Can You Enjoy the Holidays without “Without?” Yes – with Mindfulness and Skillful Means…

  • happy holidaysAh, the holidays! Time to eat, drink, and feel guilty…or to turn away virtuously, talking about your diet, and then feel haunted by the hors d’oeuvres not tasted, the nogg not sipped, the desserts not nibbled, and dare I mention the chocolate ---!!!

    You know, it’s a funny thing: as I was drafting this post I created a placeholder on the importance of being mindful with out eating during the holidays. I looked and looked again – was it just a silly typo, or was it a Freudian slip?

    So often without is exactly the default we embrace in our approach to the holidays and their culinary delights: eating without anything deliciously sinful. We should (we think) be eating salads without dressing, proteins and veges without sauces or carbs, and of course dinner without appetizers or dessert. Like Puritans engaging in sex only for procreation, and heaven forbid they enjoy it!

    So am I urging you to go wild - mindfully - at the table, the bar, the buffet? Of course not!

    How, you might ask?

    Through another aspect of mindfulness: a Buddhist value called skillful means. That is, creative thinking to achieve enlightenment, with harm to none and compassion to all. On/off, black/white, yes/no, zero tolerance thinking, have no part in skillful means.

    So for this year I’d like to offer tips that provide skillful means toward eating healthily, taking pleasure in your meals, without overeating, gaining unwanted weight, or feeling guilty. And after the holidays, you’ll be charged with a feeling of accomplishment and the energy to continue the new habits you’ve achieved.

    Here they are…

    1. Set your eating intentions for the holiday. Are you eating to maintain your current weight or to release weight...or perhaps to treat a food allergy or system imbalance? Does this affect your feelings about food? How can you work around those feelings, if necessary? Stating your intent, recognizing your feelings and potential obstacles, setting a goal and creating a clear plan of action will help you to stick to your food choices.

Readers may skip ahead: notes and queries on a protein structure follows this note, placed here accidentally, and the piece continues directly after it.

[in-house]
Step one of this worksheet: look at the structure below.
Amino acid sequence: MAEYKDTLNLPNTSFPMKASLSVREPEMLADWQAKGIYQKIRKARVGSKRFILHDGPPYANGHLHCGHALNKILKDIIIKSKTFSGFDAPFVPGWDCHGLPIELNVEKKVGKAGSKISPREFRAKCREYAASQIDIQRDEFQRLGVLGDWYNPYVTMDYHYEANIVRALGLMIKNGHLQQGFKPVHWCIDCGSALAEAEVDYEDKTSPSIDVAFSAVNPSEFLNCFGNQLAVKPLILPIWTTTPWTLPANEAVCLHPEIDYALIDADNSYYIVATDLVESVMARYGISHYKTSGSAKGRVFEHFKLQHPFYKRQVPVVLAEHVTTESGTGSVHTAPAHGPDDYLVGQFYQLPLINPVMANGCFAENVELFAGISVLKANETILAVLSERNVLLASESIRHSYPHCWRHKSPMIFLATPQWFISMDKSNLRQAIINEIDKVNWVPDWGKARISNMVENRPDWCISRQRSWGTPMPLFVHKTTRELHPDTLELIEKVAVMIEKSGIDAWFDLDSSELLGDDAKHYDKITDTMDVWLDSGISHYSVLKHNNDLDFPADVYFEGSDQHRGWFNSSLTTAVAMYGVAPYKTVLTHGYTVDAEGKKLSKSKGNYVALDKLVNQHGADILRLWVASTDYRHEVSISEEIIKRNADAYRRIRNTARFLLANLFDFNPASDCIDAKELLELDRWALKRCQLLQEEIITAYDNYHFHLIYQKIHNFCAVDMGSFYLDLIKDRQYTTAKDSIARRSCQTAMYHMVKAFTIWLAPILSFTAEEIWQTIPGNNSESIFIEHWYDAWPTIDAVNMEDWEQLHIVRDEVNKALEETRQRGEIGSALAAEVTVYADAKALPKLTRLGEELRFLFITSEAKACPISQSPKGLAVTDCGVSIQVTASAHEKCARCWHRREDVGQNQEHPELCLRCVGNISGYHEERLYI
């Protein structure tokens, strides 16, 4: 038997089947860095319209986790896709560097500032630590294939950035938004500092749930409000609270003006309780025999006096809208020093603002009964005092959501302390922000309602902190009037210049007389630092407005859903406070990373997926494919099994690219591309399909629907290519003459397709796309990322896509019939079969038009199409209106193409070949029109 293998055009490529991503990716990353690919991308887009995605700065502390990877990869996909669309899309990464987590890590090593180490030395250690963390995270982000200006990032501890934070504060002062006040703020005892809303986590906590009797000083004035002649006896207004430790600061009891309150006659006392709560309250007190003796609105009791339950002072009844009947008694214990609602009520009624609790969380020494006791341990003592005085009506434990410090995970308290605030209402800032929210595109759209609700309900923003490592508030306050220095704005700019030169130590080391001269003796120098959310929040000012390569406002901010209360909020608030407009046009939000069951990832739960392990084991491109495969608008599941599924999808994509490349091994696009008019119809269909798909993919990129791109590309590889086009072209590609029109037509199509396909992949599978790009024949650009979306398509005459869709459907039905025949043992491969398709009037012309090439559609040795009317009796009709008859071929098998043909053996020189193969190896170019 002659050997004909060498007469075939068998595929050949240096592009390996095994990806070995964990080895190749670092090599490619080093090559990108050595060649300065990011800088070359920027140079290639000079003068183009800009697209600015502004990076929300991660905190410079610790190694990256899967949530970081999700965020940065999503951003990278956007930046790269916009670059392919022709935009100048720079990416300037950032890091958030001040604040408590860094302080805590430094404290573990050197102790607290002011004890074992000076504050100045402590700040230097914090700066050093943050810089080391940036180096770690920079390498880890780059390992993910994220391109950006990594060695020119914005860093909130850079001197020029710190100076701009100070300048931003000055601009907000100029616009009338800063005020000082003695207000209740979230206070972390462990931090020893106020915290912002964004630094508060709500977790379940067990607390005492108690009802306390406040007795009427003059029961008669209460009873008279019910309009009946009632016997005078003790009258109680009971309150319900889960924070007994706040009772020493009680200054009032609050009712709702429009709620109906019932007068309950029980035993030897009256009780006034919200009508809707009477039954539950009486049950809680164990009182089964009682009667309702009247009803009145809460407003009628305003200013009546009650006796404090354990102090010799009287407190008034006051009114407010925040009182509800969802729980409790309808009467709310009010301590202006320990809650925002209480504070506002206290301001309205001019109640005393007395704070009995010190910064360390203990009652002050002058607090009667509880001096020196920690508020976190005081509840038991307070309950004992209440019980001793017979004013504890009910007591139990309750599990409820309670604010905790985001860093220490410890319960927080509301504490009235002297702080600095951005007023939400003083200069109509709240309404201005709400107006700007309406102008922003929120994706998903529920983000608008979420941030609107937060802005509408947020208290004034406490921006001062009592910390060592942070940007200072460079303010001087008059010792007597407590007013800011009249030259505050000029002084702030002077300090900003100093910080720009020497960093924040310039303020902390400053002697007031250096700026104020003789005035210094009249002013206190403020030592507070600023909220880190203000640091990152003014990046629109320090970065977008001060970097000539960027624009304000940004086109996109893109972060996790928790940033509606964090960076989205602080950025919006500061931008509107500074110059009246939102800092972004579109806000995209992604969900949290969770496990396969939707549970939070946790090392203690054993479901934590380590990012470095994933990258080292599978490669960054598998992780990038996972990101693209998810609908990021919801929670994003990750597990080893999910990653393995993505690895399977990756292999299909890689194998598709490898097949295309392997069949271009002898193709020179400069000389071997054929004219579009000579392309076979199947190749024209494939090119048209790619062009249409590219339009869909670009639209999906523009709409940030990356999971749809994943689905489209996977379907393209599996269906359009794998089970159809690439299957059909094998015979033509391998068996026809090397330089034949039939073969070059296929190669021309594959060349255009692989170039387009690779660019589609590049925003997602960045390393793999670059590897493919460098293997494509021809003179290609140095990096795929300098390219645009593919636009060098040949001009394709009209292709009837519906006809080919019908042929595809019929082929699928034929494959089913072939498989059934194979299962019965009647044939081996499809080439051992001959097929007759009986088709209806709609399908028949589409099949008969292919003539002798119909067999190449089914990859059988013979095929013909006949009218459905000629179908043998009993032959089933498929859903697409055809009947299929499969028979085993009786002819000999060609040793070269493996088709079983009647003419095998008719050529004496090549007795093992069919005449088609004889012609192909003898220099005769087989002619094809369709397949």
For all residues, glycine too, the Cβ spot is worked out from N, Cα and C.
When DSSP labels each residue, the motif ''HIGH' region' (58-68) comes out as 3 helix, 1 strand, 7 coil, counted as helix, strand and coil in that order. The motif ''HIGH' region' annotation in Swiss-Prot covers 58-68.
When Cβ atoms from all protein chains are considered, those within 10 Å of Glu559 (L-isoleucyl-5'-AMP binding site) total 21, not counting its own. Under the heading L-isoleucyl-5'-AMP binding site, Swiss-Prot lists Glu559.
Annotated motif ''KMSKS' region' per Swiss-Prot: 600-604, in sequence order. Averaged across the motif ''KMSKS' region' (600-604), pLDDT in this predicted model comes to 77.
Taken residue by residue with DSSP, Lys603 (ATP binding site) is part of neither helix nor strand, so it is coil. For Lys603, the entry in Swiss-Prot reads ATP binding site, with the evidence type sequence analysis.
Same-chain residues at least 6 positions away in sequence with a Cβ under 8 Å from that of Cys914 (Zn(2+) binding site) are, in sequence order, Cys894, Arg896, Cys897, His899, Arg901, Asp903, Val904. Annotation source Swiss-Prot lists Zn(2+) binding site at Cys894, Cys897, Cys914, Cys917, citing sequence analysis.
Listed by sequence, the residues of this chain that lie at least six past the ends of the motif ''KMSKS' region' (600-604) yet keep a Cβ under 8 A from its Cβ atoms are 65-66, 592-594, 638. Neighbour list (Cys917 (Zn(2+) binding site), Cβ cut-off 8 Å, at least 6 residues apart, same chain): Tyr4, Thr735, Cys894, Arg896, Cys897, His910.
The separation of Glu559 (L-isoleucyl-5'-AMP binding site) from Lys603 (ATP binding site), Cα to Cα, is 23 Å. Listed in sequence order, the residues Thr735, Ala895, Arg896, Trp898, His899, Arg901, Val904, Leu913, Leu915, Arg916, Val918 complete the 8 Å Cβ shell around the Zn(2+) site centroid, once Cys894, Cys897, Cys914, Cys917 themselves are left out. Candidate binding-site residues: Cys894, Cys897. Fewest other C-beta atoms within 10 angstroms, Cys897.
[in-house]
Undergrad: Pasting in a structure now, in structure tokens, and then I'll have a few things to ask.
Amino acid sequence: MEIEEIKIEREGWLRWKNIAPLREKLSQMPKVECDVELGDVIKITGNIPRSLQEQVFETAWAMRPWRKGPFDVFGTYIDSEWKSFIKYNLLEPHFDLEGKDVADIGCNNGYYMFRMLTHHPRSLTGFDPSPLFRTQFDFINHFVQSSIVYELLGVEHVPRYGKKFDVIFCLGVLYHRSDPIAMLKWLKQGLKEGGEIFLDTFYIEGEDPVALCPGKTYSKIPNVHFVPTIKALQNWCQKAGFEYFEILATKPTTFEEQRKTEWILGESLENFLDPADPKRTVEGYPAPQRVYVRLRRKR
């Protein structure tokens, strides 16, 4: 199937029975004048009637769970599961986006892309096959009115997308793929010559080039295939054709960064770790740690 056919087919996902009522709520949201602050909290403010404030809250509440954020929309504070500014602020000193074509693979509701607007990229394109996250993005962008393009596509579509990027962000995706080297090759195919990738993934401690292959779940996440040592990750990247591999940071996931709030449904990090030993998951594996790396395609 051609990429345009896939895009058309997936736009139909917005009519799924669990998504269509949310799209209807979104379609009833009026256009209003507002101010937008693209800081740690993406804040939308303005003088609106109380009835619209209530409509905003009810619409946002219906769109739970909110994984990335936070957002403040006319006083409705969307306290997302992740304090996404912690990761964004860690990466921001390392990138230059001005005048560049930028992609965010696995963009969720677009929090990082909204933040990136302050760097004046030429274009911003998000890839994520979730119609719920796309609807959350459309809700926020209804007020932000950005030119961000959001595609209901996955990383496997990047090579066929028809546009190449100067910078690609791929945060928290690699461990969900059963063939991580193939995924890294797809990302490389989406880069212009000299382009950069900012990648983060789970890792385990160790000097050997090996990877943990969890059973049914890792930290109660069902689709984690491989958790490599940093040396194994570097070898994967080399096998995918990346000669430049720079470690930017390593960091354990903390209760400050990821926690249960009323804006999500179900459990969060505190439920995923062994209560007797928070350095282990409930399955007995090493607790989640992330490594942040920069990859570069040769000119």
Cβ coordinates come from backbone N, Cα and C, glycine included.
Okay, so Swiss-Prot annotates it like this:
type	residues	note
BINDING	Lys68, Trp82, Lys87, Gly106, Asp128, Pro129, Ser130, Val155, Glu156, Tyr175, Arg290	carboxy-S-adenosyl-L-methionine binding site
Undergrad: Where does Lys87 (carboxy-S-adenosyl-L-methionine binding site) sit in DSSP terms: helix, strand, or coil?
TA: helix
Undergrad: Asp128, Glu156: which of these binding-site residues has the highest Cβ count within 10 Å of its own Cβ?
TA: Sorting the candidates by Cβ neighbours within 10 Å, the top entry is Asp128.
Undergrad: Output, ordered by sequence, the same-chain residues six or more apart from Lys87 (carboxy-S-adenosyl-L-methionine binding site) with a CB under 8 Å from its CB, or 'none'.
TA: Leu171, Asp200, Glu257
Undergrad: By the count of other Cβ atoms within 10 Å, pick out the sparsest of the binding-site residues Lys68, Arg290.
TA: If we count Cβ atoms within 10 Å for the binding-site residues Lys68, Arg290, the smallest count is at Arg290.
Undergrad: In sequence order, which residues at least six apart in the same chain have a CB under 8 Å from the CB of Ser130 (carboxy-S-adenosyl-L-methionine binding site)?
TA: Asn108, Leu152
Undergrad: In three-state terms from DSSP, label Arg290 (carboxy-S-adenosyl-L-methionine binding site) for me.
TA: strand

2. Before you begin to eat or drink, drink a tall glass of water (8-16 oz). This will help you to begin your meal feeling full.
    3. Rather than avoiding holiday goodies entirely and feeling deprived, Neghar Fonooni advises choosing your indulgences wisely through this series of questions:
      • Is this (food, drink, etc) in line with my intentions?
      • If it isn't in line with my intentions, will it really make a huge difference (physically) in the long run if I consume it?
      • If I consume it, will I feel guilty? (If not, commit to guiltless consumption.)
      • If I don't consume it, will it detract from my experience in any way?

      And then proceed accordingly…

    4. If you are going to someone's house bring a delicious/nutritious dish to share with others. Make it with your own dietary needs and goals in mind – this way, no matter what you may choose not to eat, you always have a fallback.
    5. At the party, pause and take a breath before fixing your plate. This keeps you in the present moment. Notice the beauty of the table, the variety and abundance of dishes, the creativity and care they represent. Make a point of sharing your appreciation with others. Celebrate the moment!
    6. Take small servings; you can always come back for seconds. By slowing down the process of eating and making it more conscious, you are allowing your sense of satisfaction to be based on the entire sensory experience rather than just the food.
    7. Before you begin to eat, pause again and think of how each dish was made (the seed, the water and sun that helped the seed to grow, the farmer, the person who made the dish, etc). Take a moment to say “thank you” or a blessing.
    8. Involve all your senses when eating:
      • Smell the aromas of the foods. See if you can identify seasonings they contain
      • Observe all the different colors
      • Feel the texture of foods in your hands or on your tongue
      • Listen to how the foods sound as you chew them
      • Savor the flavors in every bite. Allow your taste buds to dance!
    9. Put down your eating utensils between bites and chew your food thoroughly, until it is liquefied. Research shows that eating slowly can help you to eat less. Chewing your food also breaks it down and helps with digestion, which aids in absorbing more of the nutrients.
    10. Eat until you are satisfied. If you have already eaten a healthy portion and you are still wanting more, check in with your higher wisdom: are you looking for something other than food? What is it that you really need, and how can that need be answered? So often we use food to replace other deeply felt needs.
    11. If food or other issues are causing you stress over the holidays, don’t try to go it alone. Reach out to a, therapist, nutritionist or wellness coach; very often, just having this support can make all the difference.

    Most of all, focus on being fully present with yourself and your loved ones while you enjoy the festivities!

 

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